We have spent some time here addressing the hagiography surrounding Robert E Lee and attempting to critically analyze some of it, but he is most certainly not the only revered and celebrated Confederate officer in the Lost Cause pantheon. There is also one Thomas "Stonewall" Jackson, a man remembered in large parts of the country as a warrior-hero, brilliant leader, and stalwartly devout man who, before his death in May, 1863, was a primary cause for Confederate success. At least, that's what I was taught in school (and I bet you were too), as well as being what was and still is preached throughout many parts of the Civil War community. From the nascency of Jubal Early's efforts to inscribe the Lost Cause mythology into the national consciousness, Jackson was at the forefront of his writings as the essential leader behind Lee, a man who as Early wrote, "always appreciated, and sympathized with the bold conceptions of the commanding General, and entered upon their execution with the most cheerful alacrity and zeal." From the start, the Jackson mythology moved in lockstep with that of Lee, as the growing movement to rationalize and explain the crushing defeat suffered by the Confederacy ensconced both men as scions of Southern glory and righteousness. Early again: "be thankful that our cause had two such champions, and that, in their characters, we can furnish the world at large with the best assurances of the rightfulness of the principles for which they and we fought. When asked for our vindication, we can triumphantly point to the graves of Lee and Jackson and look the world square in the face."
This reverential treatment of Jackson was immediately echoed by early Lost Cause writers who, as Alan Nolan put it "presented him as a deeply religious, mystical, eccentric, and brilliant military leader of Olympian proportions." This treatment continued through Douglas Southall Freeman's "Lee's Lieutenants" and the worshipful discussions of Jackson and his campaigns therein, which cemented the concept of Jackson's untrammeled leadership acumen and the myth that had Jackson still been alive at Gettysburg, the Confederacy would have won the battle. This biased and clumsy writing has continued over the years, pushing the Jackson component of the Lost Cause mythology deeper into our collective memory.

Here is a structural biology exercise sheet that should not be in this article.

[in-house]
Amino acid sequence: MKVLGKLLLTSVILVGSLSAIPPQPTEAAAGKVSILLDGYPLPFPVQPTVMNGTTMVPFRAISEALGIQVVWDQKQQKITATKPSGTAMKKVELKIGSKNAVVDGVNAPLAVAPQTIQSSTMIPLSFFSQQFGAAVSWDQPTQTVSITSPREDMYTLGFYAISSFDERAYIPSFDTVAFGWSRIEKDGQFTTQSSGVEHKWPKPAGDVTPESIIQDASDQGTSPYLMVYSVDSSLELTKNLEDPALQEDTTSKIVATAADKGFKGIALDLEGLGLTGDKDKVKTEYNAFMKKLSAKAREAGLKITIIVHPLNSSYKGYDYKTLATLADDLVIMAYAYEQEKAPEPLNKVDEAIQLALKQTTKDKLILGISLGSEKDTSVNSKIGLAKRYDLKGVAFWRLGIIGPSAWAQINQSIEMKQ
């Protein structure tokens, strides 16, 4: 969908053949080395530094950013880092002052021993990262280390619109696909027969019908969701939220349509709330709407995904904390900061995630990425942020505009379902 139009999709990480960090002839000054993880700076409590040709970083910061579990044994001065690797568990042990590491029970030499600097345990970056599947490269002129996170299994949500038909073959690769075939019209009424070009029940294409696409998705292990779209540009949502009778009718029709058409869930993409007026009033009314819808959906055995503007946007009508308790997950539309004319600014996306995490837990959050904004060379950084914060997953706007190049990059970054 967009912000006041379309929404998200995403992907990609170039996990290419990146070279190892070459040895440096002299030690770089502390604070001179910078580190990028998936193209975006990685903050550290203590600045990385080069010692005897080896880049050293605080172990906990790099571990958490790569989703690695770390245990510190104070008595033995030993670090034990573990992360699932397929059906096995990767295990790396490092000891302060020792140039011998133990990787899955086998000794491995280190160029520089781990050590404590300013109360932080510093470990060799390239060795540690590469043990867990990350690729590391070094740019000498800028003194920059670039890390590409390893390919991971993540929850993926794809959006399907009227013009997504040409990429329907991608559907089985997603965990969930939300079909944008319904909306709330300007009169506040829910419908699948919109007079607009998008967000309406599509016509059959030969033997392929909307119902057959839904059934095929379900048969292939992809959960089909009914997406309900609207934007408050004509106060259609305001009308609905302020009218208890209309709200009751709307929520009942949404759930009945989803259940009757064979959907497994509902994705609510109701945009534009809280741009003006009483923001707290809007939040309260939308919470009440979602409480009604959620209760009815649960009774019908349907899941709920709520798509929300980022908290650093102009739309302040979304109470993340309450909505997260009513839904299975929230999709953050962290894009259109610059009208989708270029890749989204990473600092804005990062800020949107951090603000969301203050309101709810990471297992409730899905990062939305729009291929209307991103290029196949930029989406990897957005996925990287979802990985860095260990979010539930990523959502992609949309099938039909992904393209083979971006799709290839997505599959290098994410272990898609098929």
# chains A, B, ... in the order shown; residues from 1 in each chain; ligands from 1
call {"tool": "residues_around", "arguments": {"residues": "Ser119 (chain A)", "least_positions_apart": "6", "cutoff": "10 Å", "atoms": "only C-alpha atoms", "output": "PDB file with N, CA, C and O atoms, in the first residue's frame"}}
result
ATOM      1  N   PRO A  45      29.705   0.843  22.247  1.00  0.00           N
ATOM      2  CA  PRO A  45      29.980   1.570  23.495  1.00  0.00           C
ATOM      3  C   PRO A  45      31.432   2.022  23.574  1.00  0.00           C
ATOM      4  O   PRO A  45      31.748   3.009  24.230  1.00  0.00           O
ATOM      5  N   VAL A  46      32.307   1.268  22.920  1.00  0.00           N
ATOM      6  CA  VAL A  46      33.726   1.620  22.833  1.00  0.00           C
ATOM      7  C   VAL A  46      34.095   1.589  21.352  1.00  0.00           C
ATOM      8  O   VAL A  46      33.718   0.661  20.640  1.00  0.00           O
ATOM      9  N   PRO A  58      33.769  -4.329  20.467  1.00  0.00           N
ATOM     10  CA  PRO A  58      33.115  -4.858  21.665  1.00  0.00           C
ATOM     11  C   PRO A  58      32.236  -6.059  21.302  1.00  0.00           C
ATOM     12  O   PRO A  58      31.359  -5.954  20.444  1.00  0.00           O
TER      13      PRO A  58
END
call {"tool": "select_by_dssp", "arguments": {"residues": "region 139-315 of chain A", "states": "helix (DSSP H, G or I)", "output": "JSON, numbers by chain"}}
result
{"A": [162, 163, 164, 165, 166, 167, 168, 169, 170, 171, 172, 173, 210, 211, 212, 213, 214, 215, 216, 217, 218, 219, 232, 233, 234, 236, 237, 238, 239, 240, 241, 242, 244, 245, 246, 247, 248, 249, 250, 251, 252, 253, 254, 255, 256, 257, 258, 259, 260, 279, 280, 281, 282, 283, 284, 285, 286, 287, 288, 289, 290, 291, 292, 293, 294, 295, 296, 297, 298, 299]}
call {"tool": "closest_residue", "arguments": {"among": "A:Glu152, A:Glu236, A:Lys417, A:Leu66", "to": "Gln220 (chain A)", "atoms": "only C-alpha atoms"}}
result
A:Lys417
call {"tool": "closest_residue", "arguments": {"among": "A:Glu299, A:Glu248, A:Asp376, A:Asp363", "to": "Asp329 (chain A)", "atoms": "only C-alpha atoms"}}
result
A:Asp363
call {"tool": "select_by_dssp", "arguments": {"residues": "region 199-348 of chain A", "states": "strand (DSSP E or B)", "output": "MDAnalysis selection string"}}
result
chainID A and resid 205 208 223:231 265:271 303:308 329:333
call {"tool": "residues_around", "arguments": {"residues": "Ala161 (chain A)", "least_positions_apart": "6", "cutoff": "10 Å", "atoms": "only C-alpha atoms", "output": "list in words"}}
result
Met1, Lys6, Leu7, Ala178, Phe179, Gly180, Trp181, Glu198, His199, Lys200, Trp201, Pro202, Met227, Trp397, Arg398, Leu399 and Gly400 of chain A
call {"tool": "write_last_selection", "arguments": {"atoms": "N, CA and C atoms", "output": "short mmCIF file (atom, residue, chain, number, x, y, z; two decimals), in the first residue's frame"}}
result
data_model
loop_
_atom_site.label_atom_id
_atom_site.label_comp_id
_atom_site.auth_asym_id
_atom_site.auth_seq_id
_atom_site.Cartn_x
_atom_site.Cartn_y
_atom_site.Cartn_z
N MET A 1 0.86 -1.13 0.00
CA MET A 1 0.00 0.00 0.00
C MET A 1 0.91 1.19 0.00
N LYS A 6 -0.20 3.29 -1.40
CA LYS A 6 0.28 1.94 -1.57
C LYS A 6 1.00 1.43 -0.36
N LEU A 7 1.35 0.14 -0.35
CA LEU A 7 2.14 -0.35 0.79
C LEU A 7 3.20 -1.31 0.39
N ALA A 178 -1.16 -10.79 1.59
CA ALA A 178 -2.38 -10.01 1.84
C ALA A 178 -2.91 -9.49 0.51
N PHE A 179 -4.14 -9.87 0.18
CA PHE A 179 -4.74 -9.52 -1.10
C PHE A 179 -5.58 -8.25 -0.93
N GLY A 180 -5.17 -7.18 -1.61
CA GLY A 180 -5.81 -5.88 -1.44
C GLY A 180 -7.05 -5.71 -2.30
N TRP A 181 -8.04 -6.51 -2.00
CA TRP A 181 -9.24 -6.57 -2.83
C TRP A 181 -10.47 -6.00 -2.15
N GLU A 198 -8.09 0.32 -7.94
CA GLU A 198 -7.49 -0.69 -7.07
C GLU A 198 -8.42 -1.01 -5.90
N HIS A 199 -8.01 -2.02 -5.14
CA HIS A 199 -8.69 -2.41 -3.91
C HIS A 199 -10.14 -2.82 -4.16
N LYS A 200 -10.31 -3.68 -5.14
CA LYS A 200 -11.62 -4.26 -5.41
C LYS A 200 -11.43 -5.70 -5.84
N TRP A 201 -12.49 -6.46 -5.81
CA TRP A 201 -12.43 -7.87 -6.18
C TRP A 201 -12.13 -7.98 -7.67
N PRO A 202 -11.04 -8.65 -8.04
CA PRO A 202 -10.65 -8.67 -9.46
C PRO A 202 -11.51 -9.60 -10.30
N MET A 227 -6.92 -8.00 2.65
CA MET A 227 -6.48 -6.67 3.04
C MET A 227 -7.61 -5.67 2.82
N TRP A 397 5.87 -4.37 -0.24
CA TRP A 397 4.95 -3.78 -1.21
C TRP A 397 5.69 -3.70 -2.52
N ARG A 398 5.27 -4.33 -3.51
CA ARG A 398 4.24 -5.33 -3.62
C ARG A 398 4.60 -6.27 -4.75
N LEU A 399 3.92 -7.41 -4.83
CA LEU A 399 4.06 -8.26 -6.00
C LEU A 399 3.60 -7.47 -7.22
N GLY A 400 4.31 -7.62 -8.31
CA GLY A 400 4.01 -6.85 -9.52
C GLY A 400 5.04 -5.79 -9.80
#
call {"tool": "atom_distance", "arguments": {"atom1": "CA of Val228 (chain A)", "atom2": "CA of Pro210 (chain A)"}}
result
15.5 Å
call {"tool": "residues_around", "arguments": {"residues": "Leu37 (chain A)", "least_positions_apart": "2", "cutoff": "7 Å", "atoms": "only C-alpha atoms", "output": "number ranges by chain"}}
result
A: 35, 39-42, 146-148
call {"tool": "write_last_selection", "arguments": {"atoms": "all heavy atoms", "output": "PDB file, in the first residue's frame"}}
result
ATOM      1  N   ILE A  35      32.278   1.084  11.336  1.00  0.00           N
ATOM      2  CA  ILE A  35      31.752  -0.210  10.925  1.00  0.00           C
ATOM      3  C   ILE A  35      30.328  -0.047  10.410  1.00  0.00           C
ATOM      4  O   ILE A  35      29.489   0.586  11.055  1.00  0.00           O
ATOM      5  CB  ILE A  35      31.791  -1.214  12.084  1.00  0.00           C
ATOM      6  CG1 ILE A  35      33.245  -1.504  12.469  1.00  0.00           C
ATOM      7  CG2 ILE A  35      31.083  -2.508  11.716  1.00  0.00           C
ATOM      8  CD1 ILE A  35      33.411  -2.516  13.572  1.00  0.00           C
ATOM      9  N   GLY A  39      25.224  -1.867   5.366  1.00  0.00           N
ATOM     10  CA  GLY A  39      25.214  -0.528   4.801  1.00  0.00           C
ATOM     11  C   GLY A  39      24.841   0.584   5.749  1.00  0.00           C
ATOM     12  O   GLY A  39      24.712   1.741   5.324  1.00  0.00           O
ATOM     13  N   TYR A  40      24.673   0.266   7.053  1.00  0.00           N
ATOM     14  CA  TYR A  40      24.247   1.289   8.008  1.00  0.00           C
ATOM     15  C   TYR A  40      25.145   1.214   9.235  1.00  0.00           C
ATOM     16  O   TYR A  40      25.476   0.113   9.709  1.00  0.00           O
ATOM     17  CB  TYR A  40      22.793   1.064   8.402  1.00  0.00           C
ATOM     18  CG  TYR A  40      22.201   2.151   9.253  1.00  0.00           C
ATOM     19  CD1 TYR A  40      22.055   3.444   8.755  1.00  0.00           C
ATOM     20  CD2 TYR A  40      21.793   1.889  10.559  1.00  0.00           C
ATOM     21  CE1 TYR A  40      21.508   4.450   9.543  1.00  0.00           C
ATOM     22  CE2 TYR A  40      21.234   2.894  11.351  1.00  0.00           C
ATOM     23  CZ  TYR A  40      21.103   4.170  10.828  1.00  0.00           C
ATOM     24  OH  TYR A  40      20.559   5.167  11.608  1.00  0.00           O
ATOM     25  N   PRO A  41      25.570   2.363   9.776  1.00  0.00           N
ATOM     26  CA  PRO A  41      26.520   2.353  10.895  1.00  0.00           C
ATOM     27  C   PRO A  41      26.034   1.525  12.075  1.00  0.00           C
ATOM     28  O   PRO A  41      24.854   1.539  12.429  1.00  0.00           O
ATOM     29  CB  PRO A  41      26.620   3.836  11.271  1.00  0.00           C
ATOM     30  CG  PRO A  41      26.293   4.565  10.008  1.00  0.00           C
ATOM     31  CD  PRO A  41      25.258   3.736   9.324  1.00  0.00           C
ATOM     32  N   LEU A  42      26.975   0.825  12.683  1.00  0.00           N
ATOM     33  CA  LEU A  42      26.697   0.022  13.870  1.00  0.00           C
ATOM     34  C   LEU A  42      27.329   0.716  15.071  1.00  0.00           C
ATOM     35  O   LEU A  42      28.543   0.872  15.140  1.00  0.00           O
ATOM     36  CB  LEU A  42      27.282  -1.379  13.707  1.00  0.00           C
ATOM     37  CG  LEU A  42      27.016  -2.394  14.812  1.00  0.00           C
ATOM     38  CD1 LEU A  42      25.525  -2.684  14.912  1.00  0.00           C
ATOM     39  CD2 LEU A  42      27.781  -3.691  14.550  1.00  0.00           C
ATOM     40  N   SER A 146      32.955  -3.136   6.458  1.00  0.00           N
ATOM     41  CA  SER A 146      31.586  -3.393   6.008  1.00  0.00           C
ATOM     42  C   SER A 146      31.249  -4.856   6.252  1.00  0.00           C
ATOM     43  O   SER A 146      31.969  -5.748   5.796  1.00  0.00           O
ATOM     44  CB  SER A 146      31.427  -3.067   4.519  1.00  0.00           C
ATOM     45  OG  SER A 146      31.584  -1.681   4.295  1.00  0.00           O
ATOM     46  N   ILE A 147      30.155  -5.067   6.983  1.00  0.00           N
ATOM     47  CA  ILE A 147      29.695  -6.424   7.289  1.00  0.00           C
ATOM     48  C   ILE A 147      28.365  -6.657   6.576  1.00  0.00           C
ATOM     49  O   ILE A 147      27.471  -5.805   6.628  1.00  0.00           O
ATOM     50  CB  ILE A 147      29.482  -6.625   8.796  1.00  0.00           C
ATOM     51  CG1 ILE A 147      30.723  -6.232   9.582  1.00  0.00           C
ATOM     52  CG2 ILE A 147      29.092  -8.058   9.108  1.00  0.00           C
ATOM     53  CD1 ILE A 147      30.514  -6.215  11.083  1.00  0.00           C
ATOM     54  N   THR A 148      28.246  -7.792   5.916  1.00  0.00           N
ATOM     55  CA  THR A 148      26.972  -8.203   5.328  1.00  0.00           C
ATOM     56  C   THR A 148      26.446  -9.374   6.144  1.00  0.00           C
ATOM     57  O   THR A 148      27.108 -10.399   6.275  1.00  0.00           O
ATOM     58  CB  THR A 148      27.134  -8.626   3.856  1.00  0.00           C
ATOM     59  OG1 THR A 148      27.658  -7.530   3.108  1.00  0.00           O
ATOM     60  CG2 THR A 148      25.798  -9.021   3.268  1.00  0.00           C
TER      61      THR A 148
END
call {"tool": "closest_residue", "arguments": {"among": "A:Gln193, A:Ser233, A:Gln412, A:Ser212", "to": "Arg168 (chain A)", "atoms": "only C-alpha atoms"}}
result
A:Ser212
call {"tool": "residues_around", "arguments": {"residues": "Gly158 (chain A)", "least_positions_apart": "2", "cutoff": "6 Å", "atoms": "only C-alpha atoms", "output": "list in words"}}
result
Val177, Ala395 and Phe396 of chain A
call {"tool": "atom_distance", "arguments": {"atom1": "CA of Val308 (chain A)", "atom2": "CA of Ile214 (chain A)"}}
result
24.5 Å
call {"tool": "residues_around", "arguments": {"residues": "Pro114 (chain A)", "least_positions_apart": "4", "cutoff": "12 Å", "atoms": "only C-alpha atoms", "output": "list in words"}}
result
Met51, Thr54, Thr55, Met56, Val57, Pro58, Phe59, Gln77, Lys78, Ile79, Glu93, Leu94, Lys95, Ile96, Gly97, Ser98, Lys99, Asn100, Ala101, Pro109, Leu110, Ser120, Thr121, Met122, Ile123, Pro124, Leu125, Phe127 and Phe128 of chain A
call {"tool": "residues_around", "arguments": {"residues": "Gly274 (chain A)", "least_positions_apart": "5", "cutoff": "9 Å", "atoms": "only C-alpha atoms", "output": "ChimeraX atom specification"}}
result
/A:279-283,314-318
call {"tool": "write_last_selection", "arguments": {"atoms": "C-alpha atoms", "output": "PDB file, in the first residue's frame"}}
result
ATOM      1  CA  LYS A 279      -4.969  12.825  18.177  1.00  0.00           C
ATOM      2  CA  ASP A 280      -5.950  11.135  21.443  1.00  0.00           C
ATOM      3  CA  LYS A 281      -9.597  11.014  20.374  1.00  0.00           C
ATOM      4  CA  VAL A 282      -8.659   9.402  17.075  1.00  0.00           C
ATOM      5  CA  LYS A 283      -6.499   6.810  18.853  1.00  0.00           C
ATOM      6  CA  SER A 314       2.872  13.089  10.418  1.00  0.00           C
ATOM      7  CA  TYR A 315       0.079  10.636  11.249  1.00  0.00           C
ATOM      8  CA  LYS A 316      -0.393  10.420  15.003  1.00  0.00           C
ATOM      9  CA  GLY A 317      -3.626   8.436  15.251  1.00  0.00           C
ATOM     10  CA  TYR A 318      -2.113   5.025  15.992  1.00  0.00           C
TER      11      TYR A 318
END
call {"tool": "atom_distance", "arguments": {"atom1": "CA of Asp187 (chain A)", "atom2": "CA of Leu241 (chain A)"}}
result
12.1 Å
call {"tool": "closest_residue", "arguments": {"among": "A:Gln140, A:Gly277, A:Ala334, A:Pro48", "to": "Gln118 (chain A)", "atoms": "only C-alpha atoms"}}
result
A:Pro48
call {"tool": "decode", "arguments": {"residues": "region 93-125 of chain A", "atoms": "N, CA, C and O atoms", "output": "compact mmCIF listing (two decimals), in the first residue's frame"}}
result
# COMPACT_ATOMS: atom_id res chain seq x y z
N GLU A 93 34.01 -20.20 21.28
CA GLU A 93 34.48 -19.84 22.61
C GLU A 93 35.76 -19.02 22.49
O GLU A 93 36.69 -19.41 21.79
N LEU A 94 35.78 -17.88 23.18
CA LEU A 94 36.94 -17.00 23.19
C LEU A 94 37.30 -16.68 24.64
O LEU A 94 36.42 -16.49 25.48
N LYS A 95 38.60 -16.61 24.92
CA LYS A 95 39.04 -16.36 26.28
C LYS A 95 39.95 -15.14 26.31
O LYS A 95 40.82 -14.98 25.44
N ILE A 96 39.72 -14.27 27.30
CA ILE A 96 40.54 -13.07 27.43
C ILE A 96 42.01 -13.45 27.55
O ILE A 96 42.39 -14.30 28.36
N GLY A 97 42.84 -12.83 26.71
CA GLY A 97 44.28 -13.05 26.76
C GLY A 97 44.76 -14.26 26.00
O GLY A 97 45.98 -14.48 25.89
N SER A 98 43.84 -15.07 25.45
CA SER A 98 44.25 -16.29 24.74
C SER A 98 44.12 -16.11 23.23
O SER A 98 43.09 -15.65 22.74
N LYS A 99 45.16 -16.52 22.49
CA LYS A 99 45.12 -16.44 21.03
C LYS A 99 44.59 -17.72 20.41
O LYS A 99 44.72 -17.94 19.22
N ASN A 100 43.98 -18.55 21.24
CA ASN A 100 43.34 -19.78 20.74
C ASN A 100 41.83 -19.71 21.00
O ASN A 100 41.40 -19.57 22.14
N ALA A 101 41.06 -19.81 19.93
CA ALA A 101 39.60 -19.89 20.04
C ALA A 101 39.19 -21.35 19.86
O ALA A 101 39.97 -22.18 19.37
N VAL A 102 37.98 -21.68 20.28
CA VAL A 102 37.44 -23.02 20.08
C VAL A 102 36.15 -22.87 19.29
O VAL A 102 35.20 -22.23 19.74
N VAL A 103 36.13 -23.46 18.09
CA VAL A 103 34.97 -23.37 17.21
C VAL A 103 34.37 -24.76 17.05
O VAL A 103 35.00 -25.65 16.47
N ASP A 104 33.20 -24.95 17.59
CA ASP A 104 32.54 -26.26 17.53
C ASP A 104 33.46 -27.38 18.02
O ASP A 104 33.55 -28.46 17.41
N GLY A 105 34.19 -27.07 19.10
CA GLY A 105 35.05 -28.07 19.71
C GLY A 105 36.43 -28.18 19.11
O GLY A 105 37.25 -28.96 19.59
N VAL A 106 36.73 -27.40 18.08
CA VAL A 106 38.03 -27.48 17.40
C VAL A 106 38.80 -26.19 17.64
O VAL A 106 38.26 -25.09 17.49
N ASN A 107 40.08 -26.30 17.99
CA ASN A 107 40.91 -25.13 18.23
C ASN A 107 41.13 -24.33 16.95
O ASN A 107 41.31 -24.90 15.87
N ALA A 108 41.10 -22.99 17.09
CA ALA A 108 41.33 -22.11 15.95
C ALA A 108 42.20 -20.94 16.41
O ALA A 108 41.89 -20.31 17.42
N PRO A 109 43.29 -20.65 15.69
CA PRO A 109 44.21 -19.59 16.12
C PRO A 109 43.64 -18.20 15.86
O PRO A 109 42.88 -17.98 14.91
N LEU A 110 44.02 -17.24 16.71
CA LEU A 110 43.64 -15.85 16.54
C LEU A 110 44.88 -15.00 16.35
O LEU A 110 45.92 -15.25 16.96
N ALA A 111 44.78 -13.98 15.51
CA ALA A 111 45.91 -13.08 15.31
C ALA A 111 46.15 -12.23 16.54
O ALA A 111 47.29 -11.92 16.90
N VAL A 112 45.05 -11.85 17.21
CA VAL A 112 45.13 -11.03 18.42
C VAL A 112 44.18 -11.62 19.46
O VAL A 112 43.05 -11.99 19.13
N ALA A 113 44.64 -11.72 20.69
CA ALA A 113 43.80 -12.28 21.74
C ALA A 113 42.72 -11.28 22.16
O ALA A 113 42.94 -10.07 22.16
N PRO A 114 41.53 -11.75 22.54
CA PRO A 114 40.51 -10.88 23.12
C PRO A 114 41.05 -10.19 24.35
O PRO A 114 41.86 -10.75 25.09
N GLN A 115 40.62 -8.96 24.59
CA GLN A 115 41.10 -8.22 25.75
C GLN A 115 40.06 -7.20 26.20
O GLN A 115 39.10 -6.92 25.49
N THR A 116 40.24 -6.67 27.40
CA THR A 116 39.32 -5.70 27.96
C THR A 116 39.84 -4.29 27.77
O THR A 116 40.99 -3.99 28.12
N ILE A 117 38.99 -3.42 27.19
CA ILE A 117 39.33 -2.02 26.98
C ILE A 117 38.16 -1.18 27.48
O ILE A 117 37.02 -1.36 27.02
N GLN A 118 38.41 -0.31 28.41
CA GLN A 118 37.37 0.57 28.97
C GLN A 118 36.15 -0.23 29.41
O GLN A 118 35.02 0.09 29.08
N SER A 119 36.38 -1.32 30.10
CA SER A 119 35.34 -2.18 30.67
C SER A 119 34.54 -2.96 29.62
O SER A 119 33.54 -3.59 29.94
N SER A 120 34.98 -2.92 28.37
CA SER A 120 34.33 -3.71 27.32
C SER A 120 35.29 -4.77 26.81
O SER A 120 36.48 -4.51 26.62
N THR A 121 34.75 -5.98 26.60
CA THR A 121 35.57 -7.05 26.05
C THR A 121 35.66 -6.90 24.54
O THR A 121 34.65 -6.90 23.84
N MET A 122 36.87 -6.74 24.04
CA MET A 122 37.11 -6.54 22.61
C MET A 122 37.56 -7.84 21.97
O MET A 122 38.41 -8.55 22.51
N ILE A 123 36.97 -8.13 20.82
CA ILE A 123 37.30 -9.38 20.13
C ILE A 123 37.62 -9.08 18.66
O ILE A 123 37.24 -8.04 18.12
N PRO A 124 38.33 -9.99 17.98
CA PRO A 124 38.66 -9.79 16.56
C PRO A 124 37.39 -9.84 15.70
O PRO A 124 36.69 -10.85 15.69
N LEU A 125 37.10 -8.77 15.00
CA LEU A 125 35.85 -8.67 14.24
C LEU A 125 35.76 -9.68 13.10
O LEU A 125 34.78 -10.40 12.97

This is especially true of the Shenandoah Campaign of 1862, which brought Jackson fully into the consciousness of both North and South. Robert Tanner's "Stonewall in the Valley", published in 1976, was for more than three decades regarded as the premier accounting of the conduct and campaigning that made Jackson's reputation. (A new and more balanced treatment by Peter Cozzens, just hit the shelves. My signed copy just arrived courtesy of virtualbooksigning.net). It helped to amplify this mythology by sticking to the tenets of the Southern Historical Society Papers and writers like Southall Freeman; writing, as Tanner himself stated, "from the Confederate viewpoint." This unapologetic bias is illustrated by the fact that every single manuscript and all but three printed primary sources are from a Confederate perspective.
Even recent treatments of Jackson, the most popular of which is James Robertson's "Stonewall Jackson: The Man, the Soldier, the Legend", focus more on hagiography than accurate historiography, with Jackson being described as a "spiritual prince, standing alone on a high pedestal" and that Jackson's devotion to God and the Confederacy "remain treasured legacies of the American people just as they are inspirations to people everywhere." The religious imagery of the deeply Calvinist Jackson, just like the oft-discussed piety of Robert E Lee, remains a cornerstone of how this man is remembered, as shown above and illustrated here (Jackson is the man on bended knee at Lee's feet). This image and the hundreds of others like it, are an amazing display of the power and endurance of Early's message and mission for the South "to remain true to the memory of your venerated leaders...Let the holy memories connected with our glorious struggle afford stronger incentives to renewed efforts to do our duty." While this is the way that Jackson is idealized and conceptualized, we must, as responsible historians, ask whether it is indeed accurate. This question, dear reader, is one we shall explore soon.